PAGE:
Environmental Change in Greater Australia

By Kershaw, A. Peter | Antiquity, Annual 1995 | Go to article overview

Environmental Change in Greater Australia


Kershaw, A. Peter, Antiquity


Australia, a dry island continent in mid latitude, spans from tropical to cold temperature regions; long isolation has given it its own flora and fauna. Environment changes in the late Quaternary have had their own and special courses in the continent and its several regions. The role of fires set by people is an important issue in the changing `natural' landscape.

Globally, the Pleistocene - Holocene transition incorporated some of the most dramatic environmental changes in earth's history. It extended from the height of the last glacial period, when ice sheets covered about 30% of the earth's surface (Williams et al. 1993 and sea-level was estimated to have been c. 120 m lower than today (Fairbanks 1989), to the attainment of approximately present-day conditions. These changes were achieved in about 11,000 radiocarbon years from c. 17,000 to 6000 b.p.; noted discrepancies between radiocarbon and uranium-series dates on submerged corals around Barbados recently used to date sea-level rise suggest that the transition may have begun at least 2000 years earlier (Bard et al. 1990). However, as most data for this period are based on radiocarbon dates, the conventional radiocarbon time-scale is retained in this paper.

A recent global comparison of various palaeoclimatic data and simulations from general circulation models concluded that the major influences on climates during the transition period were deglaciation and variations in the seasonal and latitudinal distribution of solar radiation caused by changes in earth-sun geometry (Webb et al. 1993). These influences combined to produce marked regional differences in climatic amelioration through their effects on atmospheric and oceanic circulation patterns. Australia, although geographically divorced from the major Northern Hemisphere ice sheets, still experienced substantial environmental change, with the climatic component perhaps augmented by the impact of people. A number of studies indicate that initial burning by Aborigines was sufficient to increase the distribution of fire-promoting vegetation, particularly eucalypt woodlands and forests, and lead to substantially greater environmental instability than experienced in other non-glaciated parts of the world and also during previous climatic cycles within Australia. The effect of this instability, in the form of increased erosion, sand-dune activity, and salinity and greater variability in river flow patterns, would have been greatest towards the end of the Pleistocene when conditions were generally much drier than today (Kershaw 1989). Conversely, the continuation of burning in the Holocene may have prevented the achievement of potential post-glacial amelioration. The period is also distinguished from previous transitions in lacking the impact of a megafauna that may also have succumbed to the activities of people (Flannery 1994).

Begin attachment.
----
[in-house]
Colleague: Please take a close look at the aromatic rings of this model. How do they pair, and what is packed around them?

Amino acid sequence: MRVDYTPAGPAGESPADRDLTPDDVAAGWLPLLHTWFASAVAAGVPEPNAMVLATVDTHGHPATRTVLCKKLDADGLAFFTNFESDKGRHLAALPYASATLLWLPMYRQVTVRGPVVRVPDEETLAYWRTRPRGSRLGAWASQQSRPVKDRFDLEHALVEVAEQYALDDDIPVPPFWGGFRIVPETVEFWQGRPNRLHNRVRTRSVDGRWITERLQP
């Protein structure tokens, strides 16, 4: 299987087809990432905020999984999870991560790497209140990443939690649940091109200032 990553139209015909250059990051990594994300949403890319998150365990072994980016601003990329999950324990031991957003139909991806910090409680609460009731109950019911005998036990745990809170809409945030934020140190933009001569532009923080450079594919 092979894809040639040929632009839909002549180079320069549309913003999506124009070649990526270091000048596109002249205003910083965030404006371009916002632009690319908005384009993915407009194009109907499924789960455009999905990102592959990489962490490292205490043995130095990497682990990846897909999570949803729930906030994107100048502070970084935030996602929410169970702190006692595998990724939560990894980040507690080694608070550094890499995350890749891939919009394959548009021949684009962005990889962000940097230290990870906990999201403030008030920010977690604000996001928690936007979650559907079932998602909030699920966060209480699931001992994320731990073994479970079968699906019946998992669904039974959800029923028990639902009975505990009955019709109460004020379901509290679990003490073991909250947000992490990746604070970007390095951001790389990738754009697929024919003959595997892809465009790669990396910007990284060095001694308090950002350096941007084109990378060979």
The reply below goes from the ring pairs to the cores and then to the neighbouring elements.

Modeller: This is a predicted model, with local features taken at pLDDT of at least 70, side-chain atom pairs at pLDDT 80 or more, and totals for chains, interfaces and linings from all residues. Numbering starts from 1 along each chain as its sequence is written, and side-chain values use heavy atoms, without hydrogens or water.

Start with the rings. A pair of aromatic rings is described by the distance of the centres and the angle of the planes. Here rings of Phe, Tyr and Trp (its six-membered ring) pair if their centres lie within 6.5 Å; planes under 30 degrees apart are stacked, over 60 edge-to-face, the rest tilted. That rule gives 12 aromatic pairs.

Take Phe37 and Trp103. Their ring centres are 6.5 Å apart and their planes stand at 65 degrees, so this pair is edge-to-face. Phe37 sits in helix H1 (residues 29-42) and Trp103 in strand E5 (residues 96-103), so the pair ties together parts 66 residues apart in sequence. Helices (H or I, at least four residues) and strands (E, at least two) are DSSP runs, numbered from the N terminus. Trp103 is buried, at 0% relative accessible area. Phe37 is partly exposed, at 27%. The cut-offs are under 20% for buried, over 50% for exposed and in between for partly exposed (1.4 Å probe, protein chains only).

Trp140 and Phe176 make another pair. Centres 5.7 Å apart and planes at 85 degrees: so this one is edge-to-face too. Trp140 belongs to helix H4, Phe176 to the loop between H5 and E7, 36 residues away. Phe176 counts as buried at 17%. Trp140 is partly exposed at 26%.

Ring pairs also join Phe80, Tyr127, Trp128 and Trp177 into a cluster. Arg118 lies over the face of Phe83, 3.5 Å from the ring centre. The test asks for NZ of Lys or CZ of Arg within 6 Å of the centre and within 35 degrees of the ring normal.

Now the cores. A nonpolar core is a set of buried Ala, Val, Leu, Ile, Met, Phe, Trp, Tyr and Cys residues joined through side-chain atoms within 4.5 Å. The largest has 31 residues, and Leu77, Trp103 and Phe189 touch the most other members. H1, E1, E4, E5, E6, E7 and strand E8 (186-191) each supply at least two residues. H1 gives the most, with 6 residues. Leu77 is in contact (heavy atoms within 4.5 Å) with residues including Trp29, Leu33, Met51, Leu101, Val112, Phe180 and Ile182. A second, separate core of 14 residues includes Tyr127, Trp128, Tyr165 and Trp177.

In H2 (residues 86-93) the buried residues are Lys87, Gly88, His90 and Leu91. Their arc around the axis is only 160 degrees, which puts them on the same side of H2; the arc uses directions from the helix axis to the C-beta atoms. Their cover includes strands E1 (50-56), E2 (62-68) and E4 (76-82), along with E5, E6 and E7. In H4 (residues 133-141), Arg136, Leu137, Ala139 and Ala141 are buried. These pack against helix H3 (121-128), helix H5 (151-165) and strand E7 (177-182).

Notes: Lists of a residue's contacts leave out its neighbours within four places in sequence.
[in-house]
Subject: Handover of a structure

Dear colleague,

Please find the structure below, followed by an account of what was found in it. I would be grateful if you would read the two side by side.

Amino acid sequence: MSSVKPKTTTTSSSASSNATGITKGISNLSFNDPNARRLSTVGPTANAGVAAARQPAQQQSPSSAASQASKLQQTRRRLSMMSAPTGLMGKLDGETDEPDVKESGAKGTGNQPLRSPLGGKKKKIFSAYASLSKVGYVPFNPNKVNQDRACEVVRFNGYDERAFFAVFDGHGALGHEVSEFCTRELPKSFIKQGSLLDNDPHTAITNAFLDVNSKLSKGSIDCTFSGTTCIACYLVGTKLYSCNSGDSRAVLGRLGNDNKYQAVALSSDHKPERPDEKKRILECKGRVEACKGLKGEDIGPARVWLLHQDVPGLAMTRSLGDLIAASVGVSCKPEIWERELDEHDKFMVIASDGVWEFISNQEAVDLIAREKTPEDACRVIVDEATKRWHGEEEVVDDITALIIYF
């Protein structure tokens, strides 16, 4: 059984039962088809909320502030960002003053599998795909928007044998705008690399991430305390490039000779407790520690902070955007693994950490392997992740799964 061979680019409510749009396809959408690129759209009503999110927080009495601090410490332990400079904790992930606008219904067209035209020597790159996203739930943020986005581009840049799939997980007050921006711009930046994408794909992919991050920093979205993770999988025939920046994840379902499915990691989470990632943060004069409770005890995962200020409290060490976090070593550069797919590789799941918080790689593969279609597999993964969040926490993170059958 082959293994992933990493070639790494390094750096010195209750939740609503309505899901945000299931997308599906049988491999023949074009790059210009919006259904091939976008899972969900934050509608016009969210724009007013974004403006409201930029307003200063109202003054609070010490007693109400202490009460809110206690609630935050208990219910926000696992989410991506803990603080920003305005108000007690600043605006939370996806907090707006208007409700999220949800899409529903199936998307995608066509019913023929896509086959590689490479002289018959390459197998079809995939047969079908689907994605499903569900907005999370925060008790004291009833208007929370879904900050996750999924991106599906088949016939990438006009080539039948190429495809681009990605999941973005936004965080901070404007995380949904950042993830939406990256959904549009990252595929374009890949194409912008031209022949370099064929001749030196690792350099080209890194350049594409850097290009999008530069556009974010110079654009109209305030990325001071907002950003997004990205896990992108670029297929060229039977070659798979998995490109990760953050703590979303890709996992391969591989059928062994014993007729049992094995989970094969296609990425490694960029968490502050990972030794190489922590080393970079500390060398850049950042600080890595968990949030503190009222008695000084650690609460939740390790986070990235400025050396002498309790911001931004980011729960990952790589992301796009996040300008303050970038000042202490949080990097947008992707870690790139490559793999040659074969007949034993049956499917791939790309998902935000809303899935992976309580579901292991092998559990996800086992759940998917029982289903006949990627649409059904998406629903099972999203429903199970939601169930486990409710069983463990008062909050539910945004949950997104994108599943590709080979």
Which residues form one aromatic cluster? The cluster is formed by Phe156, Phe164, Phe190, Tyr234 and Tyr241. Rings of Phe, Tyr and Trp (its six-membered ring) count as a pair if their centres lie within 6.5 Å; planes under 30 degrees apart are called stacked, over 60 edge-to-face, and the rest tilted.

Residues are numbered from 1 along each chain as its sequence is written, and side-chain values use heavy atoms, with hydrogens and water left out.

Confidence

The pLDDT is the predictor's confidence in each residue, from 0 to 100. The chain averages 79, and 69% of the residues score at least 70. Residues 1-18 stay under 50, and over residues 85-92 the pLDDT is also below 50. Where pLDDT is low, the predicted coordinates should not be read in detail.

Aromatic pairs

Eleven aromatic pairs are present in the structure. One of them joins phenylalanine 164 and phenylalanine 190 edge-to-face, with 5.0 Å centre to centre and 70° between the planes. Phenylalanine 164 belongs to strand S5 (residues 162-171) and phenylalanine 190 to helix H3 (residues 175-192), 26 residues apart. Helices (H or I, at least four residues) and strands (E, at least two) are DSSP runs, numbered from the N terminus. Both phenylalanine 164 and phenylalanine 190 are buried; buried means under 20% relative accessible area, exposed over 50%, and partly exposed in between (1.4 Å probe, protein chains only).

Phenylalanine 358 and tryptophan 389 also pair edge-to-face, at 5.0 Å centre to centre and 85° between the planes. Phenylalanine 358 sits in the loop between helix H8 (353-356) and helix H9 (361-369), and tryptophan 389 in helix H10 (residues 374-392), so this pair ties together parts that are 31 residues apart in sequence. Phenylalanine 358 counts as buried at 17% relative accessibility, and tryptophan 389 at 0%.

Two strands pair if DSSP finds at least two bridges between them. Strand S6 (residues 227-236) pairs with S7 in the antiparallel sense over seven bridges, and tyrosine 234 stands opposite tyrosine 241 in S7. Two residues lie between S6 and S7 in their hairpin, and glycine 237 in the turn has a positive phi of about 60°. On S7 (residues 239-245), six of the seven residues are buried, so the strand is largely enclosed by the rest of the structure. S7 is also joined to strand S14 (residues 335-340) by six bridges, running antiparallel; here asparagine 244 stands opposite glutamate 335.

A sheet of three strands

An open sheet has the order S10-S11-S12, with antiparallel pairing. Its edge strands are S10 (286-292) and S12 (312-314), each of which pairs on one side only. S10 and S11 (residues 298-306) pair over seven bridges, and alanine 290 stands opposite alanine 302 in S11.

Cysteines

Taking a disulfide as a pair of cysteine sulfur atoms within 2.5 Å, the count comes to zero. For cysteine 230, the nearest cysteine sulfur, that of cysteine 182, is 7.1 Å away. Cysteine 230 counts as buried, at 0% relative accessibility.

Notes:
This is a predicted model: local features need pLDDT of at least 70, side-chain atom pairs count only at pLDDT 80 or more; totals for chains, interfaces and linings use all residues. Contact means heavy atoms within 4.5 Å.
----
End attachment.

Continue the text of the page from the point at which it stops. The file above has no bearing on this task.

Present day environments

Australia is characterized by its isolation in the mid-to-low latitudes of the Southern Hemisphere; it has ancient, weathered and low-lying land surfaces, widespread aridity and climatic variability, and a high and widespread incidence of fire. These features have led to the evolution of a vegetation cover dominated by sclerophyllous woodlands and shrublands with eucalypts, casuarinas and phyllodinous acacias, taxa largely confined to the continent, and the more cosmopolitan Chenopodiaceae in saline areas, as major canopy components (Figure 1). Mesic communites are confined to the better-watered and frequently more fertile and mountainous southwestern corner, northern margin and east coast where rainforest communities or elements survive in locally wet or fire-protected patches surrounded by eucalypt-dominated sclerophyll forests. Herbaceous or grassland communities are restricted to heavy soils such as the alluvial plains of the Great Artesian Basin and in parts of the volcanic western plains of Victoria, to the nutrient-poor quartzites of the wet southwest of Tasmania and to small areas of alpine vegetation in the very southeast of the continent. …

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